The airplane AIR-1 had been designed by A. S. Yakovlev, a young assistant mechanic of the training and flight unit of the Zhukovsky Air Force Academy (VVA), who later became a famous Soviet aircraft designer. This was his first aircraft – a two-seater biplane of a very simple design, mostly made of wood. It received its name after the Soviet functionary who served as Minister of Internal Affairs and Prime Minister. Yakovlev liked to be a friend to soviet officials. Many officials had been shot in 30-th, but Yakovlev remained alive.
The plane was equipped with an English engine “Cirrus” with a capacity of 60 liters. Yakovlev independently performed strength calculations and all working drawings. This was the time of his formation as an aircraft designer.
The project was approved and funding was received for it. The car was built by a group of enthusiasts, mainly mechanics of the VVA flight training unit, which later became the core of Yakovlev’s design bureau.
The entire construction took eight months, and by May 1, 1927, the aircraft was completed and transported to the Central Airfield. The first test flight took place on May 12 and was a great success. The plane was tested by Yulian Ivanovich Piontkovsky. So May 12, 1927 became the birthday of the design bureau of A. S. Yakovlev.
AIR-1 is a double brace single-post biplane made of pine and plywood. The cockpits of the pilot and the passenger are open, the construction is all-wood, assembled on glue and nails.
The fuselage is formed from four pine spars reinforced with struts and braces. The front part of the fuselage and the tail section are sewn up with 2.5 mm plywood.
There was no canvas over the plywood sheathing. The tail section of the fuselage is covered with a canvas. The ash blocks are mounted on two 15 mm plywood frames. Wooden wings, braced with internal wire crosses. The structure consists of two box spars, struts and ribs. Truss ribs made of 5×8 mm slats. The leading edge is sheathed with plywood up to the side member. A pine lath is laid along the trailing edge. Wing profile “Prandtl” (“Göttingen”) 387.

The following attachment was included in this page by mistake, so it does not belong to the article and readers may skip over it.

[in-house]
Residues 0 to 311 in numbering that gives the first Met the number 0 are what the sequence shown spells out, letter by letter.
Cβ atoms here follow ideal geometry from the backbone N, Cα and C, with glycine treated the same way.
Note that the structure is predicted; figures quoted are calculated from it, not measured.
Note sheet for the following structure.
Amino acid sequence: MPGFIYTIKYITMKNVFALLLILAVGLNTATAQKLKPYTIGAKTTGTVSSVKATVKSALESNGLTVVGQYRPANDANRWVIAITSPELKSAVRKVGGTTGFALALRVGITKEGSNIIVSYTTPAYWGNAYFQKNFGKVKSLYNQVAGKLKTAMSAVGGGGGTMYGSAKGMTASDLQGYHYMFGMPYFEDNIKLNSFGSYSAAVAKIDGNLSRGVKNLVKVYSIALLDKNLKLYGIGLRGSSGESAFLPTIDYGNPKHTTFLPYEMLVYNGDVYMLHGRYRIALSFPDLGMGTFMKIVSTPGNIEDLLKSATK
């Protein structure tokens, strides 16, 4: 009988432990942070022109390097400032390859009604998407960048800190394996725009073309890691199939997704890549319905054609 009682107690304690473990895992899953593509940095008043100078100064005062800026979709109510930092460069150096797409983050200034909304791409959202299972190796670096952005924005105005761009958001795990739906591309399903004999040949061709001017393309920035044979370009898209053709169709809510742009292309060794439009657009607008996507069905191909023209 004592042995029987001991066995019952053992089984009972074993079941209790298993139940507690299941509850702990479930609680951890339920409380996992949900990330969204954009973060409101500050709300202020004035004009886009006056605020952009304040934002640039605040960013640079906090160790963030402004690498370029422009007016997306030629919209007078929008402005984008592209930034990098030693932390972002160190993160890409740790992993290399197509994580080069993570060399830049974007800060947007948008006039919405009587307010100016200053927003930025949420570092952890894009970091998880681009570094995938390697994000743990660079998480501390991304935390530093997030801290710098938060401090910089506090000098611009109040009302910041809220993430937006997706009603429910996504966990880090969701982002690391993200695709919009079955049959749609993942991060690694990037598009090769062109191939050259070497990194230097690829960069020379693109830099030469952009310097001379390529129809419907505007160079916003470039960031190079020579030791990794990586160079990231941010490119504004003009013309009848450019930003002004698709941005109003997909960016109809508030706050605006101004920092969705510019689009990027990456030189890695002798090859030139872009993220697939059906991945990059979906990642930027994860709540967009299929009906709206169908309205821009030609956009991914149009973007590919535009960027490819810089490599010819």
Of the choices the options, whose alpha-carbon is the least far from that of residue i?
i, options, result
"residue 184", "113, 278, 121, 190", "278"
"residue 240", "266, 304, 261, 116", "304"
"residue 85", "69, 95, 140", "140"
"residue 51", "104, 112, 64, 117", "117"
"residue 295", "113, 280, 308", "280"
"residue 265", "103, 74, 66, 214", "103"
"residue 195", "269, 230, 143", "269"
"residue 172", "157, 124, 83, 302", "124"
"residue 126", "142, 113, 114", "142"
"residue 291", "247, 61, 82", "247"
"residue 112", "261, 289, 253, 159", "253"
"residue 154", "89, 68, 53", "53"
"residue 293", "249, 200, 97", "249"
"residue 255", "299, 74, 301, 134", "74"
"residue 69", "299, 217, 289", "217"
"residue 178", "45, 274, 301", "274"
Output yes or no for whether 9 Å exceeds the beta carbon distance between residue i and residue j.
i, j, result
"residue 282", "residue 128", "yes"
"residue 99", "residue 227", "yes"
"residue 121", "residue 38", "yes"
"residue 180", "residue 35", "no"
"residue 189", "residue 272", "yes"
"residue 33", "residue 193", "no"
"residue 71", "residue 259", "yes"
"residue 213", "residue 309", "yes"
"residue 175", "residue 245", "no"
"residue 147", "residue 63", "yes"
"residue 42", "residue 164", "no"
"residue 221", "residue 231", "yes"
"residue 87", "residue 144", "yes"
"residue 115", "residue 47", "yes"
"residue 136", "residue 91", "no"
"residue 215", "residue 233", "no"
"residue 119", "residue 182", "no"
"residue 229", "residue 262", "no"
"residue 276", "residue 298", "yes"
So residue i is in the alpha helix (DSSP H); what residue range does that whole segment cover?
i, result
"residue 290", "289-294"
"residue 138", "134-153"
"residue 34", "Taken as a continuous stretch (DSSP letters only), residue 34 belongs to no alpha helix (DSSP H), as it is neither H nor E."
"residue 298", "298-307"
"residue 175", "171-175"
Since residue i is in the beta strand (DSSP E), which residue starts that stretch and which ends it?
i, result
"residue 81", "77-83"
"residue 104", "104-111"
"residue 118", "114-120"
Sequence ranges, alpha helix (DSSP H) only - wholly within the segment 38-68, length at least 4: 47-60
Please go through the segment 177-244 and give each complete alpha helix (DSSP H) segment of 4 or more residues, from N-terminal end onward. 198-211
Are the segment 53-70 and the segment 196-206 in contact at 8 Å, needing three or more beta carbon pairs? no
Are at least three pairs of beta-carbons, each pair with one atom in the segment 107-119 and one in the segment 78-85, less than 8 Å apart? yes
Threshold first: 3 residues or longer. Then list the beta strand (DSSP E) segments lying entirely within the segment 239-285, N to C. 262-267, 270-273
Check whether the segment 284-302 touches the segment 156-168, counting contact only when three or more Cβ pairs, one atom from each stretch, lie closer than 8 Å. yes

The elliptical ends of the wings are curved on a template and glued from thin strips of wood. Ailerons are suspended on piano hinges. The upper and lower ailerons are interconnected and have a rigid thrust rocker. The stands of the biplane box are wooden, one-piece, brace straps are metal.
The tail unit is wooden, lightweight and durable, braced with steel wires to the fuselage. The stabilizer could be reinstalled along the corner. The bow of the rudders and ailerons is a plywood box, very rigid and streamlined.
Fixed chassis, made of V-shaped steel pipes with a section of 30×27 mm with wooden fairings, designed for rough landings; the wheels are connected by an axle. A shock absorber is rubber cord. An ash-tree crutch is mounted at the very end of the tail on a steel tube that is connected directly to the four fuselage spars. In winter, the wheels were replaced by skis.
A 50 liter gas tank was placed in the center section of the upper wing, and fuel was fed into the engine by gravity. Oil was fed directly from the crankcase. The two hoods covering the lower part of the cylinders and the crankcase are stamped out of millimeter aluminum and fixed to the fuselage with steel studs. Controls and instruments were located only in the rear cockpit. The control is cable-operated; steel balancers without rollers are installed in the places of bends. The aircraft was very easy to control.
Wingspan, m 8.80
Aircraft length, m 6.99
Aircraft height, m 2.65
Wing area, m2 18.70
Empty weight, kg 335.0
Max. take-off weight, kg 535.0
Engine 1 x Cirrus Power, hp 60.0
Maximum speed, km/h 150.0
Cruising speed, km/h 120.0
Range normal, km 500.0
Range with add. tank, km 1000.0
Ceiling, m 3850.0
Crew, people 2
This model is more than forty years old. It was compiled from the legendary Maly Modelarz magazine. She went through the “storms of life” and many children’s hands. A little more and the model will become a rarity … 🙂